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ES&S Programming Is Unverifiable PDF  | Print |  Email
By John Washburn, VoteTrustUSA Voting Technology Task Force   
July 05, 2006
The Iowa Secretary of State has responded to my reporting on ES&S firmware and has confirmed that ES&S programming is unverifiable. The original article appeared on my blog. This article was picked up by an election integrity activist, Jerry Depew of Iowans for Voting Integrity. Mr. Depew in turn asked his state election officials to respond to my allegation. The response from the Casey Sinnwell, Assistant Director of Communications to Iowa Secretary of State, Chet Culver, confirms my statement.


It is impossible for an election official (either at the state or local level) to verify the software running on an M100 scanner for an election is indeed the version of the firmware certified for use in the state. The inescapable conclusion for Wisconsin is that it is also impossible for a municipal or county clerk to verify whether or not the statutory requirement of WI 5.40(2) is met when the programming is delivered by ES&S for any precinct, municipality, or county.

 

Here is the complete response from the Secretary of State of the State of Iowa:

I thank you for your concern with our voting process and procedures. It is important to continue this dialogue with the public to assure the validity and security of our voting process here in Iowa.

 

Does ES&S routinely use uncertified software to run elections?

 

The software by ES&S was certified but, as installed, includes embedded data for the unique election. The problem reported was that you could not verify the software by a simple comparison between the memory chips from a master or between counties in the same election because of the election unique information in each county. To verify the software requires using a master copy and a copy of the election definition, then creating a reference copy of the specific election program to compare against the version used in the election. The technique is slightly more difficult because some EEPROM burner/readers create or fill blank areas with different characters and the sections need to be checked to verify that they are true fills. However, the technique has been used in Florida and other locations and the version of the software verified.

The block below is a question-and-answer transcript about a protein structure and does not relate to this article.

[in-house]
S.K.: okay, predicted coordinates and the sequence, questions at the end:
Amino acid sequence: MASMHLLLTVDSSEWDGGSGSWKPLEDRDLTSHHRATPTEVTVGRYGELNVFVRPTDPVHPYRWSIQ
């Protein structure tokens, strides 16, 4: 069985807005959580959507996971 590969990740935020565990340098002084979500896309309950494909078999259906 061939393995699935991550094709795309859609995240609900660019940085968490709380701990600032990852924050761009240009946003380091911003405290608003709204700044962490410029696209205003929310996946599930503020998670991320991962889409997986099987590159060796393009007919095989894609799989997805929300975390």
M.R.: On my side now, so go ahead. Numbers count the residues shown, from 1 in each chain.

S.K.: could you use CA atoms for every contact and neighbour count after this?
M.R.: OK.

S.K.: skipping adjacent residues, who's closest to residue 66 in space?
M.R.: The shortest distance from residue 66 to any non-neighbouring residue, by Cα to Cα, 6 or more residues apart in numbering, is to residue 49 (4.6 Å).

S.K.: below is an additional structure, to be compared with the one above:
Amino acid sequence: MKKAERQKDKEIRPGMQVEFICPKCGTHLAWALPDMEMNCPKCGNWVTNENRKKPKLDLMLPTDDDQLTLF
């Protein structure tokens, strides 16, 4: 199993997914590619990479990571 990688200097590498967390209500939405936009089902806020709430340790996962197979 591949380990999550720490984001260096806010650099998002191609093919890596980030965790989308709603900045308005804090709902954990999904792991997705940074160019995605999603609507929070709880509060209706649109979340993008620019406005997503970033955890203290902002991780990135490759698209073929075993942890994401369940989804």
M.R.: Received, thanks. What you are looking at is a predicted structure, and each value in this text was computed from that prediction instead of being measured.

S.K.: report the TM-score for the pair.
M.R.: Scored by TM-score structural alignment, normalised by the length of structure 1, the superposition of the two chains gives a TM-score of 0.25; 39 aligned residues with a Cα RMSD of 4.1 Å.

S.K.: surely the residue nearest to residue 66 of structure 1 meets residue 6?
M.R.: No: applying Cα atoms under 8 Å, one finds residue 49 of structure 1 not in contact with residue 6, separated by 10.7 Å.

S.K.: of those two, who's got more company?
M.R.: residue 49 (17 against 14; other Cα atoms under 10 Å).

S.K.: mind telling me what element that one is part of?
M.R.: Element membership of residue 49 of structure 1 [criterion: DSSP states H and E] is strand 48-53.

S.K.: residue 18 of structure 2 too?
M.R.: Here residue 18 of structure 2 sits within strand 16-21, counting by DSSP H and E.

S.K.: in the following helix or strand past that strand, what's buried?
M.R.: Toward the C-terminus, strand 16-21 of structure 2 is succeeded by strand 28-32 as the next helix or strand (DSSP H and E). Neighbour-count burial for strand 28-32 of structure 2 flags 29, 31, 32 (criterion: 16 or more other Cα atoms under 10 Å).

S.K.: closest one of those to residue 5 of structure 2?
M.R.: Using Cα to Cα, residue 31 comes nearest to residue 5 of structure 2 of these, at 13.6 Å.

The method has been successfully used to confirm both a certified version and to discover that the wrong version was used in system testing. Moreover, the problem you are referring to does not exist as you see it. The problem is that the ES&S system can not be verified with a simple comparison, due to the election program file is different between counties but, the program itself is still certified and needs to be verified using a different technique rather than just a simple file comparison. I hope this answers your questions and concerns about the integrity of our voting systems here in Iowa. While concerns continually come to mind and improvements are considered, we assure you that Iowa Secretary of State's office in accordance with Iowa Code has taken all necessary measures to ensure the integrity and security of our elections.

Sincerely,
Casey Sinnwell
Assistant Director of Communications
Iowa Secretary of State, Chet Culver

However, Casey Sinnwell's explanation, itself, shows the inaccuracy of his claim that ES&S programming can be verified.